Over 400,000 infants are born each year to mothers suffering from perinatal depression. The most undiagnosed obstetric complication in the U.S., perinatal depression typically affects mothers during pregnancy or within the first year following childbirth.
Types of Perinatal Depression
At least half of new mothers develop what is known as the “baby blues.” This type of perinatal depression involves crying, anxiety and mood swings and lasts no longer than a few days following childbirth.
Affecting between 13 to 20 percent of mothers, postpartum depression can have an impact on mothers that lasts well over one year. This type of depression affects a mother’s ability to properly care for her child as well as her capability to perform simple daily tasks. In addition to having thoughts of harming herself or her child, women affected with this depressive disorder might also feel inadequate, shameful and withdrawn from friends and family.
How Postpartum Affects the Child
A study conducted by the American Academy of Pediatrics (AAP) found infants residing in environments where depression was present are more likely to have impairments in their social interactions and cognitive development. If the mother’s depression remains untreated, it is less likely a strong relationship bond will develop between mother and child.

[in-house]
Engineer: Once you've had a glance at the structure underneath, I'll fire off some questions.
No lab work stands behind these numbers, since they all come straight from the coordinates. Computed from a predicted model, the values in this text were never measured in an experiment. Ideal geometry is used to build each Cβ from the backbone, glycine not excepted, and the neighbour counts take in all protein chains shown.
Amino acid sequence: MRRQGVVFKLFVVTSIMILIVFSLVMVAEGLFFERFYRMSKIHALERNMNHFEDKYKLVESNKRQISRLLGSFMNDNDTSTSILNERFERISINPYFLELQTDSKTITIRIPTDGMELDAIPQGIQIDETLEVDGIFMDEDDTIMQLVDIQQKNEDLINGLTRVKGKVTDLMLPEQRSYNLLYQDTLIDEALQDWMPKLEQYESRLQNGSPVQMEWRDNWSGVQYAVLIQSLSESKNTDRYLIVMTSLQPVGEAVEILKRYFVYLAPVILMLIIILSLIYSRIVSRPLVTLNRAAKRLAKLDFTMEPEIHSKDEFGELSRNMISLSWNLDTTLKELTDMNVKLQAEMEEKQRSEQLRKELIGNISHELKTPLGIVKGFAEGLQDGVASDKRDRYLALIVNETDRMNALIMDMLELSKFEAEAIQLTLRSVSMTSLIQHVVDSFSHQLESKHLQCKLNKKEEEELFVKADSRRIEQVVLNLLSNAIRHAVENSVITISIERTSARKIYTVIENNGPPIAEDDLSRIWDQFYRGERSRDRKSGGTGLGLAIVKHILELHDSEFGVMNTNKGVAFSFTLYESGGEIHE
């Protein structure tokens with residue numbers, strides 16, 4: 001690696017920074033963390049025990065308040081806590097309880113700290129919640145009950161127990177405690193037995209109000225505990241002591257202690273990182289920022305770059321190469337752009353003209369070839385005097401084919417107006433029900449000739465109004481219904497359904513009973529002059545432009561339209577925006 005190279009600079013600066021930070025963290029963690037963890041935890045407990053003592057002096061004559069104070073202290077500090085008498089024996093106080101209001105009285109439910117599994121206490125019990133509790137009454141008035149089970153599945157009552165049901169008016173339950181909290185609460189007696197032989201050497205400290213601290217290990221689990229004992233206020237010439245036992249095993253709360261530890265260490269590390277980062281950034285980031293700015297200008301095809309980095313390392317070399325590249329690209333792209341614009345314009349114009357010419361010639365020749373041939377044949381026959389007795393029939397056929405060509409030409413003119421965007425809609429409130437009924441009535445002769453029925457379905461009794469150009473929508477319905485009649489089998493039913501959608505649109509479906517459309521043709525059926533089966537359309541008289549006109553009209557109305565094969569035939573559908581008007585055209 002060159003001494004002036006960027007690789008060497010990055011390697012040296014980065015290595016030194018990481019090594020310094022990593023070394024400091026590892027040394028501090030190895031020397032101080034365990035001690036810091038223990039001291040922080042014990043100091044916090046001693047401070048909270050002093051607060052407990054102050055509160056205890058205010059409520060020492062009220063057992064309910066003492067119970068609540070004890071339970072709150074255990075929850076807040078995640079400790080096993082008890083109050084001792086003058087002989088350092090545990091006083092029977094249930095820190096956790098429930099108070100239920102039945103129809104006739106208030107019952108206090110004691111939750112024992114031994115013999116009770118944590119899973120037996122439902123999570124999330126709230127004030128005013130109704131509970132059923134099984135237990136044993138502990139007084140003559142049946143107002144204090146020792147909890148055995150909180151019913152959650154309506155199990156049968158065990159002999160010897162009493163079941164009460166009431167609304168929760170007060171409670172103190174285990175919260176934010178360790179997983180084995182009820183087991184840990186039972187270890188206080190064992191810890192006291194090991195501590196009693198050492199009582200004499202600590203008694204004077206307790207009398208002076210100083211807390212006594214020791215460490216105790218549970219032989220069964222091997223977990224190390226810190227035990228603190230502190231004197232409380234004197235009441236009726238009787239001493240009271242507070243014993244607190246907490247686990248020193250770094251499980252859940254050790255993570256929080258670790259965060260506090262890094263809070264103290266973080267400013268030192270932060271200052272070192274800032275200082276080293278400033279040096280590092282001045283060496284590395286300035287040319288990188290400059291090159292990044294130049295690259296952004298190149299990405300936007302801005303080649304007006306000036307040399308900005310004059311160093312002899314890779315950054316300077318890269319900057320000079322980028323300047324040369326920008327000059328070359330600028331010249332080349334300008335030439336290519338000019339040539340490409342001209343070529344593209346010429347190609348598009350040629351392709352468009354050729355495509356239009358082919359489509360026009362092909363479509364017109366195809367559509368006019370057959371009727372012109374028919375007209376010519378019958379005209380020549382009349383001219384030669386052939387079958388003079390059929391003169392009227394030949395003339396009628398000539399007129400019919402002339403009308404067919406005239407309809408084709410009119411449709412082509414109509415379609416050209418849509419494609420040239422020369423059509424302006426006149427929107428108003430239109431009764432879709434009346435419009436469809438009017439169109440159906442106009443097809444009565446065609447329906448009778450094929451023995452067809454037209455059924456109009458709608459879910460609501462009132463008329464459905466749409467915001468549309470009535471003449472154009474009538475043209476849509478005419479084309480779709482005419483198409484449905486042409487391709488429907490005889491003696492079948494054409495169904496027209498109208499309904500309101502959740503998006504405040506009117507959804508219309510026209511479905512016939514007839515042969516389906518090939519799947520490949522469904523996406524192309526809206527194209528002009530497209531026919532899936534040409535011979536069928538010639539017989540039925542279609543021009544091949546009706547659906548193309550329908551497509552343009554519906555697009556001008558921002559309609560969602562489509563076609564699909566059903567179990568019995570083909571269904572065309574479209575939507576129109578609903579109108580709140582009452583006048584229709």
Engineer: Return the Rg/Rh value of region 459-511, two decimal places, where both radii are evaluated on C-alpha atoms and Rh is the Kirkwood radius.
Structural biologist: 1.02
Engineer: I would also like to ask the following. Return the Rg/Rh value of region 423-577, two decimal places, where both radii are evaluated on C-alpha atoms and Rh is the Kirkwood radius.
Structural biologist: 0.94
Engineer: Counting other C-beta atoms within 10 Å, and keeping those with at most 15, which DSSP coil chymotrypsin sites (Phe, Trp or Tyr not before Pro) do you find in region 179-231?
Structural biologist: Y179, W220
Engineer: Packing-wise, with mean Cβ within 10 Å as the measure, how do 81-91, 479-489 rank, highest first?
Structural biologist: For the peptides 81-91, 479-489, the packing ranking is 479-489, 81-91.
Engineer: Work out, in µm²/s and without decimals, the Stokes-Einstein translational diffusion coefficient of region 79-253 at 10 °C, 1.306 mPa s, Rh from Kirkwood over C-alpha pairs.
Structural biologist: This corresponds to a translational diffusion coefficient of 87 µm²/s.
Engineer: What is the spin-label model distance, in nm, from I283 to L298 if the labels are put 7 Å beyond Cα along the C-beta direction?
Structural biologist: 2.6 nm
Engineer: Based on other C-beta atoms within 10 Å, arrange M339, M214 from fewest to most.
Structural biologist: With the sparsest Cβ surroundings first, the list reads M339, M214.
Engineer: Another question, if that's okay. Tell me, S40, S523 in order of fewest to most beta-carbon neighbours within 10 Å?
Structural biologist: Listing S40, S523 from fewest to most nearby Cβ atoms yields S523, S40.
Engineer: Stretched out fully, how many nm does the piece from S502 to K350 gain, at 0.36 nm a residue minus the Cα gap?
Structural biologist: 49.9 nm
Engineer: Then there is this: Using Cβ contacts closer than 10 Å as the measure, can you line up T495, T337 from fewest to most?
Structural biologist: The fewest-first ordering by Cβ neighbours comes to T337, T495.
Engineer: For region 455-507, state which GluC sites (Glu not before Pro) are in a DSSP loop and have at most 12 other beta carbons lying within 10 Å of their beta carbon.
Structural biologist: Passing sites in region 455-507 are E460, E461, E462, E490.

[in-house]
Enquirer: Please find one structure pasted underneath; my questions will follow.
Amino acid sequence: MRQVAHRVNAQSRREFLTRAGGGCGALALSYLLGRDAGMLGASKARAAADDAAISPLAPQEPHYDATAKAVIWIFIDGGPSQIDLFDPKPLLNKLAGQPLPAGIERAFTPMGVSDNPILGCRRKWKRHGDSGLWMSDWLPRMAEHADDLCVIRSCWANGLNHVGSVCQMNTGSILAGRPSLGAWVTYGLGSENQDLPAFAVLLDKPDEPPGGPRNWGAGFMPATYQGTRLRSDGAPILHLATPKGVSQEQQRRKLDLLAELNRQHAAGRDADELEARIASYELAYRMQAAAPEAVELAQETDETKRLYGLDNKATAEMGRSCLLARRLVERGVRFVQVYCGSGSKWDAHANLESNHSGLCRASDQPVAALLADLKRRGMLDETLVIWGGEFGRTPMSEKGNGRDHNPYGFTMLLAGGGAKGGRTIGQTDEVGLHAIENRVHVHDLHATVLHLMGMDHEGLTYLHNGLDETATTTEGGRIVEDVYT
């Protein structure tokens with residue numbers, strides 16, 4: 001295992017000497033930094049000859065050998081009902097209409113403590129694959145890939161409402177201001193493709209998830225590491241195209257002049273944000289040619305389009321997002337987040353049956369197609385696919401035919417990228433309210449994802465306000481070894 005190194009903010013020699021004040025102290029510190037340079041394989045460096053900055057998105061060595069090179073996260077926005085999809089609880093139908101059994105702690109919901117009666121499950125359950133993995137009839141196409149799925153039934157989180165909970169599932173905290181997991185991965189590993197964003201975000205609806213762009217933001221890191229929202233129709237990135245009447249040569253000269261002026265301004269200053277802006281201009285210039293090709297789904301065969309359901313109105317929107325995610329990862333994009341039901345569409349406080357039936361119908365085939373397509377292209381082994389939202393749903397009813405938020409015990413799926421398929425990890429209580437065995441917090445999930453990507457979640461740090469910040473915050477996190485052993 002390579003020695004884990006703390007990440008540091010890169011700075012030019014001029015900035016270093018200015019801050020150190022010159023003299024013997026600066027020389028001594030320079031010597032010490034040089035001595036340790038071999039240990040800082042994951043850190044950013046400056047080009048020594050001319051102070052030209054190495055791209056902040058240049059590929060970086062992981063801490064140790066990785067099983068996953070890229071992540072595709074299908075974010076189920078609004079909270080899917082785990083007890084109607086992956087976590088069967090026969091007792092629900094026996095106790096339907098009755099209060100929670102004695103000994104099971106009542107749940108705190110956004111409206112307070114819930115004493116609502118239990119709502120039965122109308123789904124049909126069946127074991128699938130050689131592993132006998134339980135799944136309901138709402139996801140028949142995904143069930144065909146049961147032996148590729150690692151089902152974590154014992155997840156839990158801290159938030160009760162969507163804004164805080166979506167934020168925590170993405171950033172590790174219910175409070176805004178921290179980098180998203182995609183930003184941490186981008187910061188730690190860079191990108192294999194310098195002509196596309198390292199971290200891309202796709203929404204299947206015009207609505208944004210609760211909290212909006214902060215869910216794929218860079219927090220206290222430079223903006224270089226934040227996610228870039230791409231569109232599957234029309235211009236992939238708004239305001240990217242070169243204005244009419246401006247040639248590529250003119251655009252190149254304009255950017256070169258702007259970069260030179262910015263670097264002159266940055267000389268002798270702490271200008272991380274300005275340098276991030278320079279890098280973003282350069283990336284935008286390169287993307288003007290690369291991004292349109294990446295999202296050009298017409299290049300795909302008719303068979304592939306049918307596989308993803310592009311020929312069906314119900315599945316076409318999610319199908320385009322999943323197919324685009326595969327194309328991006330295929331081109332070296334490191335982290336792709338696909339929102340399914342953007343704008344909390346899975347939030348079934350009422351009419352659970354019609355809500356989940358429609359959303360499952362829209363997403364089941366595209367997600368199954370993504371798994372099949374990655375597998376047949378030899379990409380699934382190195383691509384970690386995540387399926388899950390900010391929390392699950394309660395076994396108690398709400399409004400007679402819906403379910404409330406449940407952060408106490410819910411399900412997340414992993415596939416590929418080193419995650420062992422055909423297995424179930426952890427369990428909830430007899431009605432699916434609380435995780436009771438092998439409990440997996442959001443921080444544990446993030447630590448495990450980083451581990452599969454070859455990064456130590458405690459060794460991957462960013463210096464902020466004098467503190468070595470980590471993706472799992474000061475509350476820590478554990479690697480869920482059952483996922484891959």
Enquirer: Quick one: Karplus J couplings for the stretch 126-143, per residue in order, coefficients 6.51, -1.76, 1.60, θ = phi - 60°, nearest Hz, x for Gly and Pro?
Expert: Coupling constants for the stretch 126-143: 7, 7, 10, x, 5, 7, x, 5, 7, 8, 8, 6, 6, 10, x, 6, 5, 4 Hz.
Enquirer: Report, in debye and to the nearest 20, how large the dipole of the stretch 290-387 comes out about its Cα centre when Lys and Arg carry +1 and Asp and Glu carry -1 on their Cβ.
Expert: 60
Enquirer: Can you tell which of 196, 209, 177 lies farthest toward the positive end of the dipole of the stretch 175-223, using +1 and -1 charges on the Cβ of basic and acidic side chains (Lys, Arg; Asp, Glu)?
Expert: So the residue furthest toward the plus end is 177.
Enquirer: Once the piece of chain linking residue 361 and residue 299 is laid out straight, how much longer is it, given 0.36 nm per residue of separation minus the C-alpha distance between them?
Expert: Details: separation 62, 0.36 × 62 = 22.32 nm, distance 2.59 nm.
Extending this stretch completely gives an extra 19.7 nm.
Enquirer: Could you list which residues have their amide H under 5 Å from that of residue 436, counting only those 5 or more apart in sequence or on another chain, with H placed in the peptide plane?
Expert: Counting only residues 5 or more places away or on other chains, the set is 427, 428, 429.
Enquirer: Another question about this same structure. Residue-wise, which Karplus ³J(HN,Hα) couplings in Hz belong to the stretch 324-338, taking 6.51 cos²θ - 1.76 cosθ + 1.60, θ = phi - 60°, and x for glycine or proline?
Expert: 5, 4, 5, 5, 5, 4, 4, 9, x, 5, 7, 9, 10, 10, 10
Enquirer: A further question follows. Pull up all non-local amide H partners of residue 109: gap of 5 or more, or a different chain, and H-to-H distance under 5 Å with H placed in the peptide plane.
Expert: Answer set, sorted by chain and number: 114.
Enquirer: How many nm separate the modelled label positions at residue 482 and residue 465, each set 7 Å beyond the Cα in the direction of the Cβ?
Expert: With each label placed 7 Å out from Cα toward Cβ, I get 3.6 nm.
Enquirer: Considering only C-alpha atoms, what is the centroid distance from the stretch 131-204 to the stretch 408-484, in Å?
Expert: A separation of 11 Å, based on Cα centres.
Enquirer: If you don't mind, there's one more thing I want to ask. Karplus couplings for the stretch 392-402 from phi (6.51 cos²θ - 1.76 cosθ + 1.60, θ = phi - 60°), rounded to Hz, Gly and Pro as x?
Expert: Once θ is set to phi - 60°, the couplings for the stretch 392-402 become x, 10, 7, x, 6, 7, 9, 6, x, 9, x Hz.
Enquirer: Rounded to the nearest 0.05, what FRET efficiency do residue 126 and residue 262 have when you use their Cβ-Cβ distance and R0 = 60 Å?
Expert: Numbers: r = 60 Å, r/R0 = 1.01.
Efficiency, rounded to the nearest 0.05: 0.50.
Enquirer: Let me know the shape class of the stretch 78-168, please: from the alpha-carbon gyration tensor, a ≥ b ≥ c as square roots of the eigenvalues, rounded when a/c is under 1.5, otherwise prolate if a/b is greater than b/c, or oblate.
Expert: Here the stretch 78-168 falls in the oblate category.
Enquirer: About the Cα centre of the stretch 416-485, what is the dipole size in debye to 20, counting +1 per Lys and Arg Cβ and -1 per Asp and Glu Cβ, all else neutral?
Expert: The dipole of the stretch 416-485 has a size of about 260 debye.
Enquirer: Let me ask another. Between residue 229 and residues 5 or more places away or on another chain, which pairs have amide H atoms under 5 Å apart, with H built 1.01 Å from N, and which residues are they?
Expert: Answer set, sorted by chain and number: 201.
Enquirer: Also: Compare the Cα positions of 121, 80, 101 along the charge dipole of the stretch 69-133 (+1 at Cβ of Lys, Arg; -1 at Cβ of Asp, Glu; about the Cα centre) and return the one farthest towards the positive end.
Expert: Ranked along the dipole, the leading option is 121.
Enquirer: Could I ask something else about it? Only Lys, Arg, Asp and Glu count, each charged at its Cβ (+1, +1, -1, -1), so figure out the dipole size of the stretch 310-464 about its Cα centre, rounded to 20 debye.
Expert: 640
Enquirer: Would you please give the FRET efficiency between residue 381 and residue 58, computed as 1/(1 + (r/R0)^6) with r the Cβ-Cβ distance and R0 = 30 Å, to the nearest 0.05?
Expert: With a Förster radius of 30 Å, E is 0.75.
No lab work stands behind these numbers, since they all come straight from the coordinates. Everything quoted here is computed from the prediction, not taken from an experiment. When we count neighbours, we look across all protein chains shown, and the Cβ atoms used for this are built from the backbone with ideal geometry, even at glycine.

Treatment is Key
In order to reduce the impacts of postpartum on an infant, the mother must seek treatment. Methods of treatment commonly include counseling and medication. Within roughly four months of being diagnosed and treated, mothers will begin to recover from postpartum treatment.
Recognizing the Problem
Primary care providers should screen new mothers for postpartum depression and provide the appropriate resources if symptoms are found.